At first glance, the rescue of two ducklings near Astoria Park last week seems like a warm and fuzzy tale just in time for the Easter season. However, the man who rescued them described something far more nefarious.
John Di Leonardo, the anthrozoologist and president of Long Island Orchestrating for Nature (LION) in Riverhead, says he was alerted through social media that the two ducklings were spotted in Astoria Park with a very young chicken. Two LION volunteers located the ducks across the street from the park “looking terrified” behind the fence of an apartment building, but the chicken wasn’t found, Di Leonardo said.
The volunteers had to negotiate with the landlord for hours before they were allowed onto the property to rescue the ducklings, which were brought to the shelter in Riverhead where they are recovering.
The two ducklings are no more than 8 weeks old and had their toes cut off, Di Leonardo explained, adding that fowl are exempted from federal protections,” including the Animal Welfare Act and the Humane Slaughter Act, so they are routinely raised in filthy, windowless sheds by the thousands. Due to the stress of their confinement, they may self-harm and cannibalize one another, but rather than bettering their squalid conditions, farmers cut off their toes to minimize the harm they can do to themselves or others.
“Baby birds are thinking, feeling persons, not Easter photo ops, school science experiments or trash to be discarded when you don’t want them anymore,” Di Leonardo said. “Abandoning a chick or domestic duck is cruel and illegal, and no different from abandoning a dog or cat. Domestic ducks have tiny wings, large bodies and no camouflage. They don’t know how to forage adequately and cannot fly or migrate. They are as different from wild ducks as a housecat is from a tiger and are literally sitting ducks for predators and cruel people when abandoned to the wild.”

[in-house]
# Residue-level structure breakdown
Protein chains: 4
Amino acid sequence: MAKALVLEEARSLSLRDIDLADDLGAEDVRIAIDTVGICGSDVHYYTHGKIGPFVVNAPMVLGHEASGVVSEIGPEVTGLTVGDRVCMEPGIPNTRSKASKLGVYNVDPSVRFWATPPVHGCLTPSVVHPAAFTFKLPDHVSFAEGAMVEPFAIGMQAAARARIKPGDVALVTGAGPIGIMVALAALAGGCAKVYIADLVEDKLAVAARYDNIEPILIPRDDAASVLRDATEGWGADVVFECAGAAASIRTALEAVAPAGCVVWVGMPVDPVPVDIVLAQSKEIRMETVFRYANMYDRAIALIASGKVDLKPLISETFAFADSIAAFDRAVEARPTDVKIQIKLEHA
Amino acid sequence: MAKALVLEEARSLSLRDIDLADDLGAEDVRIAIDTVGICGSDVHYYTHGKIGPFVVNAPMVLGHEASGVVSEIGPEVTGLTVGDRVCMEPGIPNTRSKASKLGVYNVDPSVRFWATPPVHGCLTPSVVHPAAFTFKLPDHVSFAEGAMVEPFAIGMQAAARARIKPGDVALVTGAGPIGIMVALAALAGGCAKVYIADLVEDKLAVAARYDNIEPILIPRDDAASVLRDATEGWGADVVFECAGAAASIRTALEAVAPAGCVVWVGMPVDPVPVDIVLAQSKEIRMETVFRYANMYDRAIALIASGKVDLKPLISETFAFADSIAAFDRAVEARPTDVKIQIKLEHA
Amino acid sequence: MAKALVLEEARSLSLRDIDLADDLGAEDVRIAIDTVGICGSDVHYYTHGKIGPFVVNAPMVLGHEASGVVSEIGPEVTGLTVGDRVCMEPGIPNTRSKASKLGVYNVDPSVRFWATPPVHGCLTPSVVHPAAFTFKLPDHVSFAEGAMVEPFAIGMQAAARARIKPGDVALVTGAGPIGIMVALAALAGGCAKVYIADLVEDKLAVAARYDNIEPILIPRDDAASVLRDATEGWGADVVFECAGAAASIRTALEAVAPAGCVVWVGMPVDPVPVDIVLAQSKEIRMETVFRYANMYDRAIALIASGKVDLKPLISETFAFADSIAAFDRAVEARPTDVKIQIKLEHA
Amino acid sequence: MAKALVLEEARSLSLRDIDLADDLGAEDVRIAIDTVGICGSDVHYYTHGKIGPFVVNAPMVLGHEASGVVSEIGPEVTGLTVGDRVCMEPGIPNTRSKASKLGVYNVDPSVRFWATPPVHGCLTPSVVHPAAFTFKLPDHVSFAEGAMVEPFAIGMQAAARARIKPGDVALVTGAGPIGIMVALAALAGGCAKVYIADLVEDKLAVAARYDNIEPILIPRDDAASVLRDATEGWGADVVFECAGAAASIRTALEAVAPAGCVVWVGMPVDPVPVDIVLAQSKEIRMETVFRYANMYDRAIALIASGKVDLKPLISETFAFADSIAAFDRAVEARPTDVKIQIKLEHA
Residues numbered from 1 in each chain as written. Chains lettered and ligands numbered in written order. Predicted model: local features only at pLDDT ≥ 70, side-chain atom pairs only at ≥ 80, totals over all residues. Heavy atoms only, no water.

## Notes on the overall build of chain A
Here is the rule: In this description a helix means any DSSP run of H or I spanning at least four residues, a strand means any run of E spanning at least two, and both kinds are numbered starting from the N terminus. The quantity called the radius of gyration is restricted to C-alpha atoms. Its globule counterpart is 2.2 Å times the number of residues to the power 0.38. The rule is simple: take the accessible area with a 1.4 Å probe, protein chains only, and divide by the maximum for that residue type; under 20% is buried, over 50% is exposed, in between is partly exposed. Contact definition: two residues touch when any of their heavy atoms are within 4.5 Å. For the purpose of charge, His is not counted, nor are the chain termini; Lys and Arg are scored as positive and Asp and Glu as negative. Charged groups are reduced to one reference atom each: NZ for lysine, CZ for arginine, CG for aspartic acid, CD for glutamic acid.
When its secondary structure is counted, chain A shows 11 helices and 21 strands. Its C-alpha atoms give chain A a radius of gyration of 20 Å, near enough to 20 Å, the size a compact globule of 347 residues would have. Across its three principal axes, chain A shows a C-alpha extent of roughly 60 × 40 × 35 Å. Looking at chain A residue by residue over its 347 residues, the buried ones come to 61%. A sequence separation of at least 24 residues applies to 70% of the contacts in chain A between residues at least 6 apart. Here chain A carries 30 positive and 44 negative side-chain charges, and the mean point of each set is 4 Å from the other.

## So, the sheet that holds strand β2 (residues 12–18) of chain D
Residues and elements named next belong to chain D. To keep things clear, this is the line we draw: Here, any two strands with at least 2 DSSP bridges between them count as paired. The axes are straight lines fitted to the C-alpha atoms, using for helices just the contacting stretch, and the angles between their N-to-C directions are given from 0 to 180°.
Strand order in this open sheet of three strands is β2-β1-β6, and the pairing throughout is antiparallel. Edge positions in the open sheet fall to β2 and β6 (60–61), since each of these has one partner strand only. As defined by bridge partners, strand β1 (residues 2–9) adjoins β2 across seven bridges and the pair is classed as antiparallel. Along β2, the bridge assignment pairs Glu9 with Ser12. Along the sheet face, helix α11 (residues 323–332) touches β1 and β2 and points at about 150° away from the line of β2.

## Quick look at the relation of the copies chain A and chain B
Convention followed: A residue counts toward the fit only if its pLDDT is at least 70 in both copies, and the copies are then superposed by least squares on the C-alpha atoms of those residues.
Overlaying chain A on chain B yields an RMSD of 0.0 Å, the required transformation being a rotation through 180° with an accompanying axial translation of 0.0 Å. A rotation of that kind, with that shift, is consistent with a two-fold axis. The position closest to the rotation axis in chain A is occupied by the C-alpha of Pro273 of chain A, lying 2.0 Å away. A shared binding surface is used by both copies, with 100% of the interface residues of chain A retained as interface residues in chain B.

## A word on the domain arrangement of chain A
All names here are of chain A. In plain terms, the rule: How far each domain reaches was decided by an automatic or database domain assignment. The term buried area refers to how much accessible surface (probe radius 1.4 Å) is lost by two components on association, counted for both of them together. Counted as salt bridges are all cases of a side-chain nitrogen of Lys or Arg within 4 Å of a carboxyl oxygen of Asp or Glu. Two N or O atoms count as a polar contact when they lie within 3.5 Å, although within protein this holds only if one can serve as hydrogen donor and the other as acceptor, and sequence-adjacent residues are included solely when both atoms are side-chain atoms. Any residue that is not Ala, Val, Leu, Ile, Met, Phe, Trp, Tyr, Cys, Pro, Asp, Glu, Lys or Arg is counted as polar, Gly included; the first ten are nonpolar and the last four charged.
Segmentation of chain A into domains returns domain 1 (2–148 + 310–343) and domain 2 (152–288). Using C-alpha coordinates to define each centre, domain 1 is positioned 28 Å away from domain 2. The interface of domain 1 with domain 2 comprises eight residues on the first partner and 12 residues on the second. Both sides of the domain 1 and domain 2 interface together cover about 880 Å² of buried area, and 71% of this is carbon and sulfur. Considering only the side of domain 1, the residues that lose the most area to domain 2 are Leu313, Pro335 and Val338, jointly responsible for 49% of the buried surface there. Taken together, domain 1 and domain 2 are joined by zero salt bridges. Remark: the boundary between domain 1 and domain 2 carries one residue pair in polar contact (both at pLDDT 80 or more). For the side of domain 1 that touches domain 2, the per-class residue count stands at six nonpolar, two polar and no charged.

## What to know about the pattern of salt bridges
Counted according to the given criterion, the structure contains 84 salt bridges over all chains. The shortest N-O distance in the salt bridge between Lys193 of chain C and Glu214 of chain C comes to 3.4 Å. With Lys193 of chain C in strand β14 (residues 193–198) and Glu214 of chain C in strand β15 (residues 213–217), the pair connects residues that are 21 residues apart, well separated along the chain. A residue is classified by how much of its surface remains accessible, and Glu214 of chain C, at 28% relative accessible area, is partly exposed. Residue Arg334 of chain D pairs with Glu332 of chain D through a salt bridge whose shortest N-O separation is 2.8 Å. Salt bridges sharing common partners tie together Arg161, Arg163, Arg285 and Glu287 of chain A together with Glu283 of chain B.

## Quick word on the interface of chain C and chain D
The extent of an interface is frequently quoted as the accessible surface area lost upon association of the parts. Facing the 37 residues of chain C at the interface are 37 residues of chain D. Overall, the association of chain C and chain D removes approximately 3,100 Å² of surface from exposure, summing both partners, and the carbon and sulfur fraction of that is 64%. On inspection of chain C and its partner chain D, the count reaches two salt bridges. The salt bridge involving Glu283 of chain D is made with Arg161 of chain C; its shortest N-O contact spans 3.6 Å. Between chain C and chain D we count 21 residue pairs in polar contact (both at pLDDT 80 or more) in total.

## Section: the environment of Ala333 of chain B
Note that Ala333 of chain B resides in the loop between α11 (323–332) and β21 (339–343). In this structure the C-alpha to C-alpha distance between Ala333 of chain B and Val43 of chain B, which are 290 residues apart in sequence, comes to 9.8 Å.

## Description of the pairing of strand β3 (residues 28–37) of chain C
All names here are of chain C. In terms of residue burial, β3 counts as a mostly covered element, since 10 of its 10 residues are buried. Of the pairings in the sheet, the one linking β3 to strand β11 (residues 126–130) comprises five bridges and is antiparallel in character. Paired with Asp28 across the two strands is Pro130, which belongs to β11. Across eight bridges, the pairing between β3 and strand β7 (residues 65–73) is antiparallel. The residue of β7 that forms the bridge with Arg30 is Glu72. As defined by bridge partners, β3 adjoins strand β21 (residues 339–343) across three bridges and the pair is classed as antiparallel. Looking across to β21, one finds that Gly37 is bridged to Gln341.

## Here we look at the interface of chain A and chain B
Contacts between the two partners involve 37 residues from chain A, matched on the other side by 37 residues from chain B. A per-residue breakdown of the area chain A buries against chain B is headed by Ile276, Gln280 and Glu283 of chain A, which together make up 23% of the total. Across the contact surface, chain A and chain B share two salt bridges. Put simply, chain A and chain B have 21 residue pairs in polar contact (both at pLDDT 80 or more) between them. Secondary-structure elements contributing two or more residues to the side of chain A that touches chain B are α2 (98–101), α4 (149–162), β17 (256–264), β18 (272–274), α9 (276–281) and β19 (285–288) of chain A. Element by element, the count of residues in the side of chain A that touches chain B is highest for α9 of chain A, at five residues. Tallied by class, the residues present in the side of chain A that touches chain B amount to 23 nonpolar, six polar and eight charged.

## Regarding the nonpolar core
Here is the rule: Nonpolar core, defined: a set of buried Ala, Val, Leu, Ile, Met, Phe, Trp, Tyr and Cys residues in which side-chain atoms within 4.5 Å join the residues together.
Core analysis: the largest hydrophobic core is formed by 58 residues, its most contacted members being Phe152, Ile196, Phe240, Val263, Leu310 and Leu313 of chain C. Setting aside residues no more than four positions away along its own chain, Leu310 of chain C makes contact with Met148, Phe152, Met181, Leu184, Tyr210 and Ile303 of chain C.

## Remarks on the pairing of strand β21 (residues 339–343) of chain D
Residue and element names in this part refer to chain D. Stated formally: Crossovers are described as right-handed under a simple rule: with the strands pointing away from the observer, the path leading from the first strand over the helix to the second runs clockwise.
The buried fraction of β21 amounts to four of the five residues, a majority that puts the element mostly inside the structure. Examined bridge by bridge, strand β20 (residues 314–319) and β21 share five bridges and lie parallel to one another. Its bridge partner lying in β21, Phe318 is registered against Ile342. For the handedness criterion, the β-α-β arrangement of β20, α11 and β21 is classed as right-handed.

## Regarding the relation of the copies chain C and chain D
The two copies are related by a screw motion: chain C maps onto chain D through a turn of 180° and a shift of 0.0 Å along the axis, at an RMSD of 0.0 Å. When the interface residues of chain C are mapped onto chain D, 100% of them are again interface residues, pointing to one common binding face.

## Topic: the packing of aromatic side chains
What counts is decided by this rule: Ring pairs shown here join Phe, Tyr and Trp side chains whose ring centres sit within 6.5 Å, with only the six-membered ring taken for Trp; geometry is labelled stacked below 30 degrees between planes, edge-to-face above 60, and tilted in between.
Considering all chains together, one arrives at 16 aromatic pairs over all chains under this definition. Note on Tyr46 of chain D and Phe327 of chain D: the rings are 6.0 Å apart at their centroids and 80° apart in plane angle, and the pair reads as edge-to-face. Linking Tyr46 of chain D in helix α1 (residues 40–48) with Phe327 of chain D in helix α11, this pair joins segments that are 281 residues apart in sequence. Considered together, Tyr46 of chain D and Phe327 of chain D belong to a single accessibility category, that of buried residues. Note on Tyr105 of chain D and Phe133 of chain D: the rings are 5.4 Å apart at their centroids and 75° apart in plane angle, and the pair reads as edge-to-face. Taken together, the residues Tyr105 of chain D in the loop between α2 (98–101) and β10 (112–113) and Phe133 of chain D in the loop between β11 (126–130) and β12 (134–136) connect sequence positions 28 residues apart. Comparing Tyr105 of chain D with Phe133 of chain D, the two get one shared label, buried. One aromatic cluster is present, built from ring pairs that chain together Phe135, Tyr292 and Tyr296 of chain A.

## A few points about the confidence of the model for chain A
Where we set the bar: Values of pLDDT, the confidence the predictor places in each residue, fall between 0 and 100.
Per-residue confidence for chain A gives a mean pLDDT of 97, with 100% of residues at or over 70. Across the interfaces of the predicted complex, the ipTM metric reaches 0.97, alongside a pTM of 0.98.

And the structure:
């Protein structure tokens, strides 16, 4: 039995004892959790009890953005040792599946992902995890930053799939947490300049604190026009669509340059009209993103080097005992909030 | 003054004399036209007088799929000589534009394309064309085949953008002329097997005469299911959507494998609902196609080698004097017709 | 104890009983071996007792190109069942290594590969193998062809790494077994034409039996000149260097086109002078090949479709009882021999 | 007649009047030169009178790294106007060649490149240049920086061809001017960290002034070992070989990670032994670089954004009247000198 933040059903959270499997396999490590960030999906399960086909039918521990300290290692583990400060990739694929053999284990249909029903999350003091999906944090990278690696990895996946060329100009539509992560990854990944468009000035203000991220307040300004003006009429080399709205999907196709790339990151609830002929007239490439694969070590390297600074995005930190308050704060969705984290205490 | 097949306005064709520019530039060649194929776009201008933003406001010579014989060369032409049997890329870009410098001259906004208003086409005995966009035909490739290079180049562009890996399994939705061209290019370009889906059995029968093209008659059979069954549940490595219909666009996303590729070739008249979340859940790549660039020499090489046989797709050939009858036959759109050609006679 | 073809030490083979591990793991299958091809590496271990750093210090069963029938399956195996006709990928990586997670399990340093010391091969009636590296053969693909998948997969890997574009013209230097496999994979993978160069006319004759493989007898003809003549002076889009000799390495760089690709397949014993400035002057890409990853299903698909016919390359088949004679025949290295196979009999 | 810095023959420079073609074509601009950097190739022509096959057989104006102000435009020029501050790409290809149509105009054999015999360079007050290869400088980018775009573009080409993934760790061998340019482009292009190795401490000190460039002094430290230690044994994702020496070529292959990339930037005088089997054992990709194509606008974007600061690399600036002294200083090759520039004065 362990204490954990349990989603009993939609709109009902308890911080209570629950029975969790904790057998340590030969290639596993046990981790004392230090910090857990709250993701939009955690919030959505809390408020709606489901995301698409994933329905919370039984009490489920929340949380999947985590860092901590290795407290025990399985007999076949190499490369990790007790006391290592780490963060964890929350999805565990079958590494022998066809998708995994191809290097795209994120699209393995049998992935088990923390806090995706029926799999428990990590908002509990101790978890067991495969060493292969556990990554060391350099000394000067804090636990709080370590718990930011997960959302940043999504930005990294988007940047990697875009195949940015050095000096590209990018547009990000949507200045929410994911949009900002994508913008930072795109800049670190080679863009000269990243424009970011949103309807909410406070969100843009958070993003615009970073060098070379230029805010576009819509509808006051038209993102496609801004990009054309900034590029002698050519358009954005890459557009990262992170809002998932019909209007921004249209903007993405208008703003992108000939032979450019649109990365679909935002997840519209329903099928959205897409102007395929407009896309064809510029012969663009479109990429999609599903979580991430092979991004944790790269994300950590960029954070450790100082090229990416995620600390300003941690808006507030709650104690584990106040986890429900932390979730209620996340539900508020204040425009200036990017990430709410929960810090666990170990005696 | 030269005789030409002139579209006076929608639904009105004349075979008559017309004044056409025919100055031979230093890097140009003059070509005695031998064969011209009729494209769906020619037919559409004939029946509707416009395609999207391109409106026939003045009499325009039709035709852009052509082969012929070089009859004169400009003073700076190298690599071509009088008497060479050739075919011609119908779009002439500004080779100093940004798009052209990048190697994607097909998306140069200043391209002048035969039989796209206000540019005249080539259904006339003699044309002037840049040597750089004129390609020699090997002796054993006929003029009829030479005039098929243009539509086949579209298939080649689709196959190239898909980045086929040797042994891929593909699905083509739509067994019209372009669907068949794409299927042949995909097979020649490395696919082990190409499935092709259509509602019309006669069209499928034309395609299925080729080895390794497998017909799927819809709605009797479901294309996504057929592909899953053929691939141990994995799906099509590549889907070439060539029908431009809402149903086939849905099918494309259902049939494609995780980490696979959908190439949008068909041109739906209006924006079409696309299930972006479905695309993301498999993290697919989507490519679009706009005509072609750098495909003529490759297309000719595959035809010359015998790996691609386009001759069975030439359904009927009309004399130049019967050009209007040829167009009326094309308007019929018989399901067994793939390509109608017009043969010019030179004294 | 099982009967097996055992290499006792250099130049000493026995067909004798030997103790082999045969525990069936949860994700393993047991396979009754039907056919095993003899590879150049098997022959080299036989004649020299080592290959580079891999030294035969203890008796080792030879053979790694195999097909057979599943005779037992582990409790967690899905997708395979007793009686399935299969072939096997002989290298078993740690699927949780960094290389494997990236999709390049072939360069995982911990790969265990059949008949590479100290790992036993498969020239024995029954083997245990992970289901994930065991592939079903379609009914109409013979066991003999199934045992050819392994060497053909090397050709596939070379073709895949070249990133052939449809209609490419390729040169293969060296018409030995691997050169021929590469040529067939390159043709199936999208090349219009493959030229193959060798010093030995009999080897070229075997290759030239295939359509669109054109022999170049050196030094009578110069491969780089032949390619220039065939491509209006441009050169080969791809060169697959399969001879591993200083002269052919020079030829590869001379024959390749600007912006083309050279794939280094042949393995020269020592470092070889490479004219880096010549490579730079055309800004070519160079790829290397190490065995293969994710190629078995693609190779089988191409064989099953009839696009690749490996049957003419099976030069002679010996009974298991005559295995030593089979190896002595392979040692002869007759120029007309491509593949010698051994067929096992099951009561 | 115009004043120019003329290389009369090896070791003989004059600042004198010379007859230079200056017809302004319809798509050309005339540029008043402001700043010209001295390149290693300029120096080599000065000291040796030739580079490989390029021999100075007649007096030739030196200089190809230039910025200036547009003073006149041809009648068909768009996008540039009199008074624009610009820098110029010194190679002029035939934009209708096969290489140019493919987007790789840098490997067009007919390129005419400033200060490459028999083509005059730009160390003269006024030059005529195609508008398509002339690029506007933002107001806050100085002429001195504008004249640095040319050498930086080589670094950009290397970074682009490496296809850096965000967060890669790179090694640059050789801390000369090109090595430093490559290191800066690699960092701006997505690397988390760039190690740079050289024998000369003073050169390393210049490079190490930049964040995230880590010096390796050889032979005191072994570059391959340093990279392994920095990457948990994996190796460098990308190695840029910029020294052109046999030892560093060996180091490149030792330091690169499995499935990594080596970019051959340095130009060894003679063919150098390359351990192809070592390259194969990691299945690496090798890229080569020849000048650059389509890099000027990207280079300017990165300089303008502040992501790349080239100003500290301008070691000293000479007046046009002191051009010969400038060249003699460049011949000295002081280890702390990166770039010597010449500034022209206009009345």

The two ducklings rescued near Astoria Park were emaciated and suffered from bumblefoot, a type of staph infection that is common in ducks.
Di Lorenzo and his volunteers rescued more than a dozen waterfowl and geese from a Forest Hills home in January. The last of those rescued birds were recently placed in their “forever home.”
While his animal advocacy organization rescues hundreds of birds each year, he said the average person can save 200 baby animals just like the two ducklings annually simply by leaving them off their plate. LION is launching a major campaign to end the exploitation of chicks, ducklings and other baby animals during the spring, when they are abandoned en masse after school hatching projects and around the Easter holiday. Di Leonardo said the adage “Adopt, don’t shop” applies to all animals and that animal abandonment is a crime.
“When introduced into nature, non-native species disrupt natural ecosystems, which rely on the migratory behavior of wild ducks and geese and the natural recovery period that comes with their absence,” Di Leonardo said. “They can also spread disease to native species, including highly pathogenic avian influenza, which is deadly to humans and was recently detected in a Suffolk County flock. Should these domestic ducks and geese breed with wild birds, their offspring will likely be flightless as well, further disrupting the ecosystem and exposing the young to the same dangers as their domestic parent. The National Park Service has noted that ‘threats from invasive species play a critical part in [the] loss of native biodiversity,’ and recognizes that invasive species frequently start out as pets.”
For more information, visit the LION website here.